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Sources Say • Tax pledge may be a conspiracy

Are the members of Congress who signed no-new taxes pledges engaging in a criminal conspiracy to overthrow the government of the United States because President Obama is black? That's the theory put forward by Calvin O. L. Henry, president of the Oregon Assembly for Black Affairs, in a July 5 letter to U.S. Attorney General Eric Holder.

In his letter, Henry requests that the U.S. Department of Justice open a criminal investigation into the 274 Republican and three Democrats who have signed the pledges circulated by anti-tax activist Grover Norquist and his organization, Americans for Tax Reform.

'The undue influence of the Americans for Tax Reform and Grover Norquist and the signed pledges by 274 of the 289 members of the United States Congress reveal a sinister and open conspiracy to overthrow the Constitution of the United States by trying to cause President Obama to fail,' wrote Henry, who describes himself as a black American who served as an elections official in the Oregon secretary of state's office.

Schumer's argument fits Portland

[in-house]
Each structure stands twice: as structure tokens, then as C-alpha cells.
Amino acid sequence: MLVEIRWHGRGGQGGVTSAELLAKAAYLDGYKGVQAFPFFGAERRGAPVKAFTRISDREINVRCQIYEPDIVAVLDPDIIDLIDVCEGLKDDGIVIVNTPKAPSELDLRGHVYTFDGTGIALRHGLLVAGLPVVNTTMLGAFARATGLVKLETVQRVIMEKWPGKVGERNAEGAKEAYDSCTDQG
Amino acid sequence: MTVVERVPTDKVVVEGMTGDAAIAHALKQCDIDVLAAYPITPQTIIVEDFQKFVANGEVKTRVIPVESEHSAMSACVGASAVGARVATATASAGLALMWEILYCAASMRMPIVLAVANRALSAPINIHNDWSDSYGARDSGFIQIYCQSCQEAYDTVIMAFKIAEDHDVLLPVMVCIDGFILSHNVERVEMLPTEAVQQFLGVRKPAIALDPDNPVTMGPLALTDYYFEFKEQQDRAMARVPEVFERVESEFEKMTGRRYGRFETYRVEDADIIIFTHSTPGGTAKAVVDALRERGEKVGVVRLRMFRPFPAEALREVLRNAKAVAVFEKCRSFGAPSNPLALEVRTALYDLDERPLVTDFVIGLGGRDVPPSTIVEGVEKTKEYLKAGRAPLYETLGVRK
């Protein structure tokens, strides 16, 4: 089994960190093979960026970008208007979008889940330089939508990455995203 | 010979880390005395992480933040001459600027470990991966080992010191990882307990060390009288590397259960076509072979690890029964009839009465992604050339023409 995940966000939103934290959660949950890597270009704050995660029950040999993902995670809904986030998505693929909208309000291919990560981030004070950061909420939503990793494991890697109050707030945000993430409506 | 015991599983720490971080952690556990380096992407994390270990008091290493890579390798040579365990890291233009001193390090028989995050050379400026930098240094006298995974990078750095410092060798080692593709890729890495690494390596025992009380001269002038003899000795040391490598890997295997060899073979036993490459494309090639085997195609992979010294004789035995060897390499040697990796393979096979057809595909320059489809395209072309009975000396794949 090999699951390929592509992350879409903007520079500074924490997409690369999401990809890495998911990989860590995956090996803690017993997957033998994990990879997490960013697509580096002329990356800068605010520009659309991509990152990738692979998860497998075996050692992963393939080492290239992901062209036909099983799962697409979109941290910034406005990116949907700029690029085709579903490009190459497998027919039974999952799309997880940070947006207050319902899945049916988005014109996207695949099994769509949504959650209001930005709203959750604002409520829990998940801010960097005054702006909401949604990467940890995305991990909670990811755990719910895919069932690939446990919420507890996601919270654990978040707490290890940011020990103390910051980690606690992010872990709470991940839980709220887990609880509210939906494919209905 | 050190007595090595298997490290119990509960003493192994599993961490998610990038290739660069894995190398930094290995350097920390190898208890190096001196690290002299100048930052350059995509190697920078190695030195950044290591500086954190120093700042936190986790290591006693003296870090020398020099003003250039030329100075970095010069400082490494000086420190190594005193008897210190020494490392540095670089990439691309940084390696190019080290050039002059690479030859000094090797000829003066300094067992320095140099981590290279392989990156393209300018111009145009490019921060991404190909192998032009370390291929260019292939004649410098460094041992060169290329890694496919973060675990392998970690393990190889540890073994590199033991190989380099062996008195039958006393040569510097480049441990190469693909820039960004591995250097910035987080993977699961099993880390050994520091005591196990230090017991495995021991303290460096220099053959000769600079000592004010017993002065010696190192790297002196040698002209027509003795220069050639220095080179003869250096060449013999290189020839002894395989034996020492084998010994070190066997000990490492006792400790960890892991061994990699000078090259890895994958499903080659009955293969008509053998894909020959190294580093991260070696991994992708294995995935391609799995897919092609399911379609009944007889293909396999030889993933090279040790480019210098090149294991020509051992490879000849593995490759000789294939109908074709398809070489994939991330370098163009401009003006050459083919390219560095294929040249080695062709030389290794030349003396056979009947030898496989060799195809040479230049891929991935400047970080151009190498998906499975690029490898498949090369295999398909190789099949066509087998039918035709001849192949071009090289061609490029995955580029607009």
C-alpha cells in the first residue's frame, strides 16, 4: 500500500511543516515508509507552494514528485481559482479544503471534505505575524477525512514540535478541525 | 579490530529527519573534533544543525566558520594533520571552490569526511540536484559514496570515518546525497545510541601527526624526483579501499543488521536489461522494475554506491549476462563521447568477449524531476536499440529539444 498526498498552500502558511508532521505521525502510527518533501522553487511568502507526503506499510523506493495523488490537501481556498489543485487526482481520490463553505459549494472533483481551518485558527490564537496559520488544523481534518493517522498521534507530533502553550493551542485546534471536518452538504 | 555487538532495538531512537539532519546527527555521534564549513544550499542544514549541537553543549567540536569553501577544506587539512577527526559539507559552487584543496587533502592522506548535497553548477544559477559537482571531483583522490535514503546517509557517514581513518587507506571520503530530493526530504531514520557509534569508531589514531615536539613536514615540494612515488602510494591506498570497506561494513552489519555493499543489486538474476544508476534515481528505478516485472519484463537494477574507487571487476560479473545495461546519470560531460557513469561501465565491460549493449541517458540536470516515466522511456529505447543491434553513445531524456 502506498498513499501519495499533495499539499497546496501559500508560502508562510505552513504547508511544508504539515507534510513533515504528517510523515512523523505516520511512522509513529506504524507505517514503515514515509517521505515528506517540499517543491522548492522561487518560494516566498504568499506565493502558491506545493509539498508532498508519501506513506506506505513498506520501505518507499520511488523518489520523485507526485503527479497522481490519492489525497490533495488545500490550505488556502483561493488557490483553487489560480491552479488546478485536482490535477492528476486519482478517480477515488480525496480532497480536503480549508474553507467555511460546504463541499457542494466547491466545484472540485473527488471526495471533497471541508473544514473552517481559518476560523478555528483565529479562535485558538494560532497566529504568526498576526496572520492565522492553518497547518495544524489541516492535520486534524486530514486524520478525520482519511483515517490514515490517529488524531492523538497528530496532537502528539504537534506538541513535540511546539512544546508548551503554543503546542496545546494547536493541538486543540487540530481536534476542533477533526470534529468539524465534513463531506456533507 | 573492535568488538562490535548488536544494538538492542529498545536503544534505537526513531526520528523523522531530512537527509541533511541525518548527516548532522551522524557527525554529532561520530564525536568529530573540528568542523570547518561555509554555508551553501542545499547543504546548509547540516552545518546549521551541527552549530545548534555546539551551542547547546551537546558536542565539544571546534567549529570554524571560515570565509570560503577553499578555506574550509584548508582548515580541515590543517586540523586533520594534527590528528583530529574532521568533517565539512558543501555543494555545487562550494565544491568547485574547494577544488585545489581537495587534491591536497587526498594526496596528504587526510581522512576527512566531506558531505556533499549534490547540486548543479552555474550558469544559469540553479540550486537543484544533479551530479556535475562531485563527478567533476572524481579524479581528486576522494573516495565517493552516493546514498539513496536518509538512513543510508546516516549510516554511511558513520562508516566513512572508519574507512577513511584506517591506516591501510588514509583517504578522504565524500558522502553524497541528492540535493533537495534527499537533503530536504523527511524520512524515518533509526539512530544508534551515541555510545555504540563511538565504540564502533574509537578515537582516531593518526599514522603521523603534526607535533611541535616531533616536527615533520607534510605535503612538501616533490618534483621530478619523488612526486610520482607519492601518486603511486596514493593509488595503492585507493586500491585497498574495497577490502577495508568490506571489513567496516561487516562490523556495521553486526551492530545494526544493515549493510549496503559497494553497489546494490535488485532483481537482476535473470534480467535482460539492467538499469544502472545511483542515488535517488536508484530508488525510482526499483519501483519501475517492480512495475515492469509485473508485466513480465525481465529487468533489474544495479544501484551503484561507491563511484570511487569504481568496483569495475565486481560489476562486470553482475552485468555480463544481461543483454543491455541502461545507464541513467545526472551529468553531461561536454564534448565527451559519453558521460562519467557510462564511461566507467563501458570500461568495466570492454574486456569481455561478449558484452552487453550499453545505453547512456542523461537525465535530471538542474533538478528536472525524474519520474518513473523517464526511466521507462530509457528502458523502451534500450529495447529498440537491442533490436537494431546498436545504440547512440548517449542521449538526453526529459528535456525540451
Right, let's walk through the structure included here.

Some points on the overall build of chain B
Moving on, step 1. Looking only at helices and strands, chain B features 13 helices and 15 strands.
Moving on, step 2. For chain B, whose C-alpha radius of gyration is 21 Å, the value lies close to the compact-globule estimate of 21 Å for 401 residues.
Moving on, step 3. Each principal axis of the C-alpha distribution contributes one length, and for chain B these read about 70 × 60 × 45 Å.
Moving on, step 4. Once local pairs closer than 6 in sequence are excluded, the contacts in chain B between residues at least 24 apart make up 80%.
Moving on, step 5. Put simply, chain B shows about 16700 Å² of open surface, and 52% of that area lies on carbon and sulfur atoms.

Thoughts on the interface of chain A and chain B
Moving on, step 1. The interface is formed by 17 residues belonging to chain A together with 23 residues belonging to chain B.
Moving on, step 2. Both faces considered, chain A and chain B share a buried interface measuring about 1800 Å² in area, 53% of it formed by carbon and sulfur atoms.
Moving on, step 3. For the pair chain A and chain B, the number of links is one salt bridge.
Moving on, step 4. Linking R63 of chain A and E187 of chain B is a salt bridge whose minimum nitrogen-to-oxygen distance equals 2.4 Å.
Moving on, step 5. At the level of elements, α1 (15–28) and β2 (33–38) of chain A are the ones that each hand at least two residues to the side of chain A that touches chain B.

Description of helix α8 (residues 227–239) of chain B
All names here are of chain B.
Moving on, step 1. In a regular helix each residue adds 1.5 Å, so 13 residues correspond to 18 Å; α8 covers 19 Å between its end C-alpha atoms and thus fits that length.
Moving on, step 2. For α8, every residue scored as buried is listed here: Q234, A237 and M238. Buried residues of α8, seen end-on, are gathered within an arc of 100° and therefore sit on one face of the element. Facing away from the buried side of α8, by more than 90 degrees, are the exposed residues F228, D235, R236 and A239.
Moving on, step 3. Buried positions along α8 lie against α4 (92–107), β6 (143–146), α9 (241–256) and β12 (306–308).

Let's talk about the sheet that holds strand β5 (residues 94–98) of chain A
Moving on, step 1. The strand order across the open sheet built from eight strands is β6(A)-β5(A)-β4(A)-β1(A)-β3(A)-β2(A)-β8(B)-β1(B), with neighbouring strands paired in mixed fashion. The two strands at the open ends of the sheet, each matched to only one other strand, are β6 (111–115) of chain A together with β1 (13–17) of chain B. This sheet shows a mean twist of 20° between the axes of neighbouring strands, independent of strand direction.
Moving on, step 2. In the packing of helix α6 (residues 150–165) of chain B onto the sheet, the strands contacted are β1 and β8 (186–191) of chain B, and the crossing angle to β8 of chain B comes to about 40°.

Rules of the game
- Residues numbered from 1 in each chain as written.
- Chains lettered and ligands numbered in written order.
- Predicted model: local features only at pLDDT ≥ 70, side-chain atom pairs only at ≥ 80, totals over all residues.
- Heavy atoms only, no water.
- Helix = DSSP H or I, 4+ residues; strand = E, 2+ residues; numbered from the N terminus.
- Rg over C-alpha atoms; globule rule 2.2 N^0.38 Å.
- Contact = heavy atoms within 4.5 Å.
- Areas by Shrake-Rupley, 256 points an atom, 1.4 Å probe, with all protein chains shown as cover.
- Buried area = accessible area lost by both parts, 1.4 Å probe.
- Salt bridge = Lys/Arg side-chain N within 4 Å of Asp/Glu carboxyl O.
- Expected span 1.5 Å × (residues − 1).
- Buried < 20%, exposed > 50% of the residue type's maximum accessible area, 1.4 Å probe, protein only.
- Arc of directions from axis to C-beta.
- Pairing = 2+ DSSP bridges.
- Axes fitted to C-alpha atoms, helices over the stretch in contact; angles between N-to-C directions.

Supporters of the controversial plan to replace Portland's open reservoirs with new underground storage tanks frequently point to New York City as proof the city has no choice. New York is also being forced to comply with new U.S. Environmental Protection Agency requirement, even though it will cost the city about $1.6 billion compared to about $400 million for Portland.

But now New York U.S. Sen. Chuck Schumer is objecting to the mandate, in large part because of the cost. Echoing the arguments of open reservoir supporters, Schumer says New York should be exempt because it has a history of delivering clean, safe water to its customers.

'Clean water systems are not one-size-fits-all and New York City should not be made to comply with rules that are unduly onerous or costly and not based on the best available data,' Schumer wrote in a recent letter to EPA Administrator Lisa Jackson.

Election clock is ticking

With all the attention focused on races for Portland City Council and Oregon's 1st Congressional District, it's sometimes hard to remember how many other offices are up for election in 2012.

Of course, president is the biggest one. But so are the offices of Oregon attorney general, secretary of state and state treasurer, all congressional seats, half the state Senate, all of the Oregon House, most district attorneys (including Multnomah County), three Metro Council seats, three Multnomah County commission seats and numerous smaller offices in cities and counties.

Few candidates have announced so far, even for seats presumed to be open.

Perhaps the most significant entrant so far is Oregon State Bar Association Disciplinary Counsel Kellie Johnson, who is running for Multnomah County district attorney. Incumbent Mike Schrunk is expected to retire.

Then again, 13 people ended up running for Portland mayor in 2004, including Extremo the Clown, otherwise known as Scot Campbell.